SINGAPORE: Prime Minister Lee Hsien Loong kicks off a two-day visit to Putrajaya on Monday (Apr 8) to attend a Leaders’ Retreat hosted by Prime Minister Mahathir Mohamad.
“The annual Leaders’ Retreat is an important platform for prime ministers of both countries to discuss bilateral issues and explore new areas of cooperation,” said a press statement issued by the Prime Minister’s Office (PMO).
Mr Lee will have a bilateral meeting with Dr Mahathir on Tuesday morning, said the statement. This will be followed by a delegation meeting involving the two leaders and their accompanying ministers as well as senior officials.
“We have much to discuss. Look forward to a fruitful meeting with PM Mahathir tomorrow,” Mr Lee said in a Facebook post on Monday.
Dr Mahathir and his wife, Dr Siti Hasmah Mohd Ali, will then host lunch for Mr and Mrs Lee as well as the Singapore delegation.
Mr Lee is accompanied by nine Cabinet ministers, including Deputy Prime Minister and Coordinating Minister for National Security Teo Chee Hean, as well as Coordinating Minister for Infrastructure and Minister for Transport Khaw Boon Wan.
The Singapore delegation also includes Minister for Foreign Affairs Vivian Balakrishnan, Minister for Communications and Information S Iswaran, Minister for Finance Heng Swee Keat, Minister for Culture, Community and Youth Grace Fu, Minister for Trade and Industry Chan Chun Sing, Minister for National Development Lawrence Wong as well as Minister for the Environment and Water Resources Masagos Zulkifli.
The 9th Singapore-Malaysia Leaders' Retreat will be the first one hosted by the Pakatan Harapan (PH) government, which came into power last May. The annual event was supposed to have taken place in November, but was postponed.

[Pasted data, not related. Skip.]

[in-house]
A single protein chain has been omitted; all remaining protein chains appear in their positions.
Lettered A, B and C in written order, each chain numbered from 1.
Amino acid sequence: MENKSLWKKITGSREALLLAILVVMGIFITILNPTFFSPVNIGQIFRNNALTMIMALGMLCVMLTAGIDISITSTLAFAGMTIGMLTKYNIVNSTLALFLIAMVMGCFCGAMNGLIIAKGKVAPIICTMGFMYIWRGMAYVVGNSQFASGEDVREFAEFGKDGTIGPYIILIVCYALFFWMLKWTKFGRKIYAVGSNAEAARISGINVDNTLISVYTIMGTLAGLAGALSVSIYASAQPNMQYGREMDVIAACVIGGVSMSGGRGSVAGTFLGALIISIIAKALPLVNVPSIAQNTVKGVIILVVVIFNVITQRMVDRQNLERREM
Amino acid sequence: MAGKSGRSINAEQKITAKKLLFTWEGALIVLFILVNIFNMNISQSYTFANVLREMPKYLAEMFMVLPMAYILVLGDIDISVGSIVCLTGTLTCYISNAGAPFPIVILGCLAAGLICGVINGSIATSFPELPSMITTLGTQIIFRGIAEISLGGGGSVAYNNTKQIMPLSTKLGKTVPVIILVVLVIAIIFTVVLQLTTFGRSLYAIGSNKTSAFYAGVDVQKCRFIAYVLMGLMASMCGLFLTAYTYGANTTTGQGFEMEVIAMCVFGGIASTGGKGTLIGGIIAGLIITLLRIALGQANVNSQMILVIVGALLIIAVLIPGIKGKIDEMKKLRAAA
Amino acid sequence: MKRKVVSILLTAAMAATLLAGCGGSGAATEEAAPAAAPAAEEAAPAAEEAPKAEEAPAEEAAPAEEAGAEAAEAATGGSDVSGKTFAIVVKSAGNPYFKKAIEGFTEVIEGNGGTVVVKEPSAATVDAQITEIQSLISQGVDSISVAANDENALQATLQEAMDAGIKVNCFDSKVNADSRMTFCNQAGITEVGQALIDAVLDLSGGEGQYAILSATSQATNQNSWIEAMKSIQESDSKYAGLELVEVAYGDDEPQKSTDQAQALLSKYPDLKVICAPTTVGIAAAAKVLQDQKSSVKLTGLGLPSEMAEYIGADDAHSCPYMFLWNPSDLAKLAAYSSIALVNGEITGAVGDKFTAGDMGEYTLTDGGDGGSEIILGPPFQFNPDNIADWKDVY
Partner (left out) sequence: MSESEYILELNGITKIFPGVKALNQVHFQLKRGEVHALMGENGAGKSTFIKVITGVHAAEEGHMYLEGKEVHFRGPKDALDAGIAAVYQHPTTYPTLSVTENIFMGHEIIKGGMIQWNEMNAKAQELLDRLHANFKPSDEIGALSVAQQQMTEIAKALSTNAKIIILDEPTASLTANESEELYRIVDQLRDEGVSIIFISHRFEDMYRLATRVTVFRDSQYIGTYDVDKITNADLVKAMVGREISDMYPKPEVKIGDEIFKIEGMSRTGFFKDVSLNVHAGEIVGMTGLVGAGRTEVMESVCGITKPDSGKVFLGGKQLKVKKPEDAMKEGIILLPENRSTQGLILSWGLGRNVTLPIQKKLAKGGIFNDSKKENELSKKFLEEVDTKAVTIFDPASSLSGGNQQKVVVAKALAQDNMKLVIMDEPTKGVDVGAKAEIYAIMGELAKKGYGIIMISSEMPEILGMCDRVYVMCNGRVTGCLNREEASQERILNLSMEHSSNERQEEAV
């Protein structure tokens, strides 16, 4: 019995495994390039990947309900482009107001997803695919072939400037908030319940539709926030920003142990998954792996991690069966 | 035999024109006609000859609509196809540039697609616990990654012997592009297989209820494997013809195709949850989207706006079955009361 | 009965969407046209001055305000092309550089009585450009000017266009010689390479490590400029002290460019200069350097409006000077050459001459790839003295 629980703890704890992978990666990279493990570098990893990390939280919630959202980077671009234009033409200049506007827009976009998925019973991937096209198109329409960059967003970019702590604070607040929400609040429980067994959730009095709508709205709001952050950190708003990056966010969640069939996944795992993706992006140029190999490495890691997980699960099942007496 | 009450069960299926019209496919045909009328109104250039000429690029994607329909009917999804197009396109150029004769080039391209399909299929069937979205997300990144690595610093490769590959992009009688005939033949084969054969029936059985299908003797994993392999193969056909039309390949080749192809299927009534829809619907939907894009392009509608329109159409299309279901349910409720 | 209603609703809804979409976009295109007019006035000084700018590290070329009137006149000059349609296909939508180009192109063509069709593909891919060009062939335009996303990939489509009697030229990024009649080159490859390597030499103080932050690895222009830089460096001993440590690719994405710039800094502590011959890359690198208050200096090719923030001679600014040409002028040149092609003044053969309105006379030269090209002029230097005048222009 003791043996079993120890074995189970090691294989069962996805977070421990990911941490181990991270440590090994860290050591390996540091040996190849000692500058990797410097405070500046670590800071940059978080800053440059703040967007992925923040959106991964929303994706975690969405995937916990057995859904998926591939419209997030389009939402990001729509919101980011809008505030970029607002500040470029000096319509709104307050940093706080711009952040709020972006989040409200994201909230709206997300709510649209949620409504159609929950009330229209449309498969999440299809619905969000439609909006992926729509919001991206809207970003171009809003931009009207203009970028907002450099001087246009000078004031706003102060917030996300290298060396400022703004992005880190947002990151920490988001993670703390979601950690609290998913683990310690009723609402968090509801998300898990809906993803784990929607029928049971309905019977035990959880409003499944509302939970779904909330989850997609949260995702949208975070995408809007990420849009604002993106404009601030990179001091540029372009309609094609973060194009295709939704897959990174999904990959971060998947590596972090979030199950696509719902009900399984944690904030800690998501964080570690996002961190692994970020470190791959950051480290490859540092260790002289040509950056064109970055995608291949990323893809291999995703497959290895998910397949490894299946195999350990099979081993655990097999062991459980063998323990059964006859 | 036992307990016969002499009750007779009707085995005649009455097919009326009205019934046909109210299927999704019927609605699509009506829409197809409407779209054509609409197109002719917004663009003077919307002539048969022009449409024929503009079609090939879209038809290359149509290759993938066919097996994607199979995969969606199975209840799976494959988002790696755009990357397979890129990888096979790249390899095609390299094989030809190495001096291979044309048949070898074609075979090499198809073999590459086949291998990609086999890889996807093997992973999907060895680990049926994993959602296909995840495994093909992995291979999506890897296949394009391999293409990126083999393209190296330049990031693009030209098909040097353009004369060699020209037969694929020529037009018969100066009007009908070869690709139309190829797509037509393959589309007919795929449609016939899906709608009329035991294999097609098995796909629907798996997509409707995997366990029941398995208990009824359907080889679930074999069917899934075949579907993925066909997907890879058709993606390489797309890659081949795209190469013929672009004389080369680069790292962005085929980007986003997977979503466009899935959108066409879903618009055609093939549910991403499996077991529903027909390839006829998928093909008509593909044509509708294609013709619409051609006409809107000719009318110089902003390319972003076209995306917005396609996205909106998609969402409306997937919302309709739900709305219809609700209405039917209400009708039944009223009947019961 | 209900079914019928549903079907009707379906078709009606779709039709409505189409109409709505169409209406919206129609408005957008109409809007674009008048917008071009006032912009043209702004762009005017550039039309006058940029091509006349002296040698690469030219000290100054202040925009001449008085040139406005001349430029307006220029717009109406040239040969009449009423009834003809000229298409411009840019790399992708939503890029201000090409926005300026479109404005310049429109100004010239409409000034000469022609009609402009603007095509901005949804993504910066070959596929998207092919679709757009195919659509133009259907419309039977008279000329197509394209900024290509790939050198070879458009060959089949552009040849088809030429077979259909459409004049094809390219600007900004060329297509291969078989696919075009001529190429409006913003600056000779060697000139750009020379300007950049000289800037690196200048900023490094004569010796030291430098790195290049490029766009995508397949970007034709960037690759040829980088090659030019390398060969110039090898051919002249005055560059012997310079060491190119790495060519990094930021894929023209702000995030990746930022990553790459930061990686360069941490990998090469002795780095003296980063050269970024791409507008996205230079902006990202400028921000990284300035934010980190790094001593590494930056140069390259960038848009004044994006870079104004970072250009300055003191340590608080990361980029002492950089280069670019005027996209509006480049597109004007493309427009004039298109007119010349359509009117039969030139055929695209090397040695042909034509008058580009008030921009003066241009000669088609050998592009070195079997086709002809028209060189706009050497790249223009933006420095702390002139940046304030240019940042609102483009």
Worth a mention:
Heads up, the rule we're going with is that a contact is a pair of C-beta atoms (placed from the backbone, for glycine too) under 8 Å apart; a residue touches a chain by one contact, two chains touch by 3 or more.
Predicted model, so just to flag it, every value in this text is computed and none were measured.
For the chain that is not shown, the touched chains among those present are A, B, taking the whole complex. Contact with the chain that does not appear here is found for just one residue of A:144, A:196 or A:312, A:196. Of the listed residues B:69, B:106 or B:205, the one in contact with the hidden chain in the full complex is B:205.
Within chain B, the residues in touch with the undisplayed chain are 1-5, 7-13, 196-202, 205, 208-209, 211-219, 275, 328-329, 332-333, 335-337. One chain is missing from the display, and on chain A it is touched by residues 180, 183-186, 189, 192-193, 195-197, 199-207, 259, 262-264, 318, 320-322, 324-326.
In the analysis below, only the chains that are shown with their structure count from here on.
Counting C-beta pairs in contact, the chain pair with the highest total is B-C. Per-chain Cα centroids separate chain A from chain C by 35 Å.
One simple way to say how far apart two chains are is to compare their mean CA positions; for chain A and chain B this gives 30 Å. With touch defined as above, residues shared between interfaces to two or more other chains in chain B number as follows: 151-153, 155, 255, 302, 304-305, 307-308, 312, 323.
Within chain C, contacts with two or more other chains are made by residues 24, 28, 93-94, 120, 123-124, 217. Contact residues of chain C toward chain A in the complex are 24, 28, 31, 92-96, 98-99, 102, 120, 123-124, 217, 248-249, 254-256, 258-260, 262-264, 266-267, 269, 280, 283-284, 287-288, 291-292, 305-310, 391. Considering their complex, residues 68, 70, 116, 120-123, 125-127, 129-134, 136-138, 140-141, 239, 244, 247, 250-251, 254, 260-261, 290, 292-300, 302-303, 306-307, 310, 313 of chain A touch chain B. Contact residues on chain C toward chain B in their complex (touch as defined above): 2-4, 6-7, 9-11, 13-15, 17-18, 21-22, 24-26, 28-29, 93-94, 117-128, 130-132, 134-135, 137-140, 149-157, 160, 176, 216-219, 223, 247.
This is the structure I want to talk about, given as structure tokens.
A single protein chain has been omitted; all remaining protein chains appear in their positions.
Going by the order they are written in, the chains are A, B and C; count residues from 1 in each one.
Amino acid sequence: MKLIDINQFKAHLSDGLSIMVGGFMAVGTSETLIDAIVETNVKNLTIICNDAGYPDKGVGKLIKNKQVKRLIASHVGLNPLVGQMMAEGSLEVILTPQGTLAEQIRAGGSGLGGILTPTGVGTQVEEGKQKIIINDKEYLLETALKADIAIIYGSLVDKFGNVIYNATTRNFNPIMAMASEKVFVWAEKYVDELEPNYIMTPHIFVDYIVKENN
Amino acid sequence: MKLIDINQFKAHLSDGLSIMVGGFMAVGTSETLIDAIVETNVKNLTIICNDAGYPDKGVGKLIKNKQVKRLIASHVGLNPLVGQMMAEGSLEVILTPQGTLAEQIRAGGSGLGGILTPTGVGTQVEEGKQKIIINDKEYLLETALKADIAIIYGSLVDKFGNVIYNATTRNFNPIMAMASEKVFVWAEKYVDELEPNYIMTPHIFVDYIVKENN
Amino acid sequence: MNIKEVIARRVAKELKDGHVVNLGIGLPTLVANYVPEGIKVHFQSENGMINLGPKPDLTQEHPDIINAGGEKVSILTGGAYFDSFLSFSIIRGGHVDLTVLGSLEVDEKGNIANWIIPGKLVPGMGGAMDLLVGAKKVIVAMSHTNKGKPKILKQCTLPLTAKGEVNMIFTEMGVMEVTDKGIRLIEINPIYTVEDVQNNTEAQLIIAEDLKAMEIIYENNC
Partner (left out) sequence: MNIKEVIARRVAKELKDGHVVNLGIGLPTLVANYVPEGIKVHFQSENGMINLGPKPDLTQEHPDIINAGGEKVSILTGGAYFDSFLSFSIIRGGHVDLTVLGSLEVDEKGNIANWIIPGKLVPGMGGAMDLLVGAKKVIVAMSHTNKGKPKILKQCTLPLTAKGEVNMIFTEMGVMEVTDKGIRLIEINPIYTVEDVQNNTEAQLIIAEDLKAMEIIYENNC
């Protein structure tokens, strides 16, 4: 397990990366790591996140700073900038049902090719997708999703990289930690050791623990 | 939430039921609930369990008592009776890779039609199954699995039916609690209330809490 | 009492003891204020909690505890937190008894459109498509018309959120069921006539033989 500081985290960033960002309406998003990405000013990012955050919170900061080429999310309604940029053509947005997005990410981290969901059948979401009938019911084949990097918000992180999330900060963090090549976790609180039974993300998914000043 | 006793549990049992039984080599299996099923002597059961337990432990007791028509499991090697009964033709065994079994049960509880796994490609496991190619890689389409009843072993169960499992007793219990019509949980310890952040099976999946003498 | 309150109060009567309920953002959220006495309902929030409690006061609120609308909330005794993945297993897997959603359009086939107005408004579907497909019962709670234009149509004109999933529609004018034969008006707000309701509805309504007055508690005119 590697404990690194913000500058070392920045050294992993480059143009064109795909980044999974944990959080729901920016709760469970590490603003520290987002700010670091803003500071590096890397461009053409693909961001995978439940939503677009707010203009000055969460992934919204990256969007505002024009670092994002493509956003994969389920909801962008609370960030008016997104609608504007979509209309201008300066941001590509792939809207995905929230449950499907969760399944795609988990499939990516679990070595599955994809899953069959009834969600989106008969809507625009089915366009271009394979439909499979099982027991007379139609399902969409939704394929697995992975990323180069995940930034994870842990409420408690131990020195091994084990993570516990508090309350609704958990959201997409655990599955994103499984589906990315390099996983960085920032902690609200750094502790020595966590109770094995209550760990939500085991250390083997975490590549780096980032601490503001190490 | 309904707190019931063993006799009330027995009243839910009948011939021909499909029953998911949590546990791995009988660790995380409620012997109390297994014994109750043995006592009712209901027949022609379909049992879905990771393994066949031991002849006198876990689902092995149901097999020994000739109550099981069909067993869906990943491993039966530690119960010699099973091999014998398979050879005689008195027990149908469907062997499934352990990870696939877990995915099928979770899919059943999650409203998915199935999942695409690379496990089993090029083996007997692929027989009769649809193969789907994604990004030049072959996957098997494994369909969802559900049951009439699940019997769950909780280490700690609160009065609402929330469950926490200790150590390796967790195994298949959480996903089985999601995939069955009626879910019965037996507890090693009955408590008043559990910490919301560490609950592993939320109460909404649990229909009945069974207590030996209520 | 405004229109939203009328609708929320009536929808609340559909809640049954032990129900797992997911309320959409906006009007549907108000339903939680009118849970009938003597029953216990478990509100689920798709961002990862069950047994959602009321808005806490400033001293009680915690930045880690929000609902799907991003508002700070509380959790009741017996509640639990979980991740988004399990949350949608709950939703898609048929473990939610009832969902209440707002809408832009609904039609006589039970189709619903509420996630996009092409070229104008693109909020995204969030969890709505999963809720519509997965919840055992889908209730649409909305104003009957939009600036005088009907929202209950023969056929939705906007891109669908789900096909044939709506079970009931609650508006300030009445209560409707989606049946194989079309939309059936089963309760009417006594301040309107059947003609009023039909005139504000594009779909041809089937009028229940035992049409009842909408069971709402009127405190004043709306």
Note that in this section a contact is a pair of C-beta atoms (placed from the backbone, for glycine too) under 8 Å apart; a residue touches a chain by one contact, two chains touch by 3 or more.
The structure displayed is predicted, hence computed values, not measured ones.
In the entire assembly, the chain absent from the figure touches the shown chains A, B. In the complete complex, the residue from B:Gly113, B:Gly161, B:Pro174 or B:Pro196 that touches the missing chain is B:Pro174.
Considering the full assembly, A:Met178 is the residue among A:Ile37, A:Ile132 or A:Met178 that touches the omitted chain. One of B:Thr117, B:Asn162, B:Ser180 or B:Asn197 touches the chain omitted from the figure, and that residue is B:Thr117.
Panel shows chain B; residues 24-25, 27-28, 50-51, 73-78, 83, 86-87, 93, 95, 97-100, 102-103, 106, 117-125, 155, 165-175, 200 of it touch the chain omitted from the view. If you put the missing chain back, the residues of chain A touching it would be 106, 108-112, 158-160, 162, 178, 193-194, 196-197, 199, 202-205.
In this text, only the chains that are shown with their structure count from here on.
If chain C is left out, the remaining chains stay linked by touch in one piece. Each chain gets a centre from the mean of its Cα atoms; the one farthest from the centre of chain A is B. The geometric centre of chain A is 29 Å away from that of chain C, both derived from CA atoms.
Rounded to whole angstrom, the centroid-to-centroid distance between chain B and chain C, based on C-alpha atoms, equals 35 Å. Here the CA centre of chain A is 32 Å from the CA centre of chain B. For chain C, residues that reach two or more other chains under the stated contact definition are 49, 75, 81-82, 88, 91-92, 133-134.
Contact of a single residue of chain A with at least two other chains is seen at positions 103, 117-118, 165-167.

Last week, Dr Mahathir said that “unresolved” bilateral issues will be discussed in a “friendly manner” during the retreat.
In the lead up to the event, both sides announced on Saturday that Singapore has withdrawn the Instrument Landing System procedures for Seletar Airport while Malaysia has indefinitely suspended its permanent restricted area over Pasir Gudang.
Instead, both sides will now work together to develop GPS-based instrument approach procedures for Seletar Airport.
On Monday, both sides also said they have suspended their overlapping port limit claims, as part of measures to ease tensions in a maritime dispute.
WHAT TO EXPECT DURING THE RETREAT
Political analyst Mustafa Izzuddin highlighted that this was the first Leaders’ Retreat between Mr Lee and Dr Mahathir, and it could prove to be a “turning point” in bilateral relations provided Dr Mahathir considers the interests of both sides during the discussions.
“Much would depend on how reasonable Dr Mahathir is willing to be in the negotiations that take into account not only Malaysia's national interest but also Singapore's national interest in the spirit of keeping Malaysia-Singapore relations on an even keel,” said the fellow at the ISEAS-Yusof Ishak Institute.
“This Leaders' Retreat is important in the sense that it would pave the way or have a positive trickling down effect for bilateral negotiations downstream among ministerial officials and civil servants.”
This will be the third meeting between the two leaders since PH came to power. Last May, Mr Lee called on Dr Mahathir in Putrajaya. In November, Dr Mahathir made an official visit to Singapore, during which both sides reaffirmed the close bilateral relationship.
Dr Mustafa added that the announcements since the weekend were “timely and necessary”.
“In political and strategic terms as it engenders a positive and encouraging climate for diplomatic negotiations to take place during the upcoming Malaysia-Singapore Leaders' Retreat,” he said.
Professor James Chin, director of the Asia Institute Tasmania, told CNA that Malaysia is likely to raise issues such as the price of water, territorial boundaries and maybe even the need for a third bridge to improve connectivity between Singapore and Johor.
However, Dr Oh Ei Sun, a senior fellow with the Singapore Institute of International Affairs said he does not expect many major announcements from the retreat.
“I don’t think there will be many ‘good news’ announcements ... coming out of this retreat. Rather, (they will) mostly reaffirm commitments to amicably settle their differences first by negotiations.”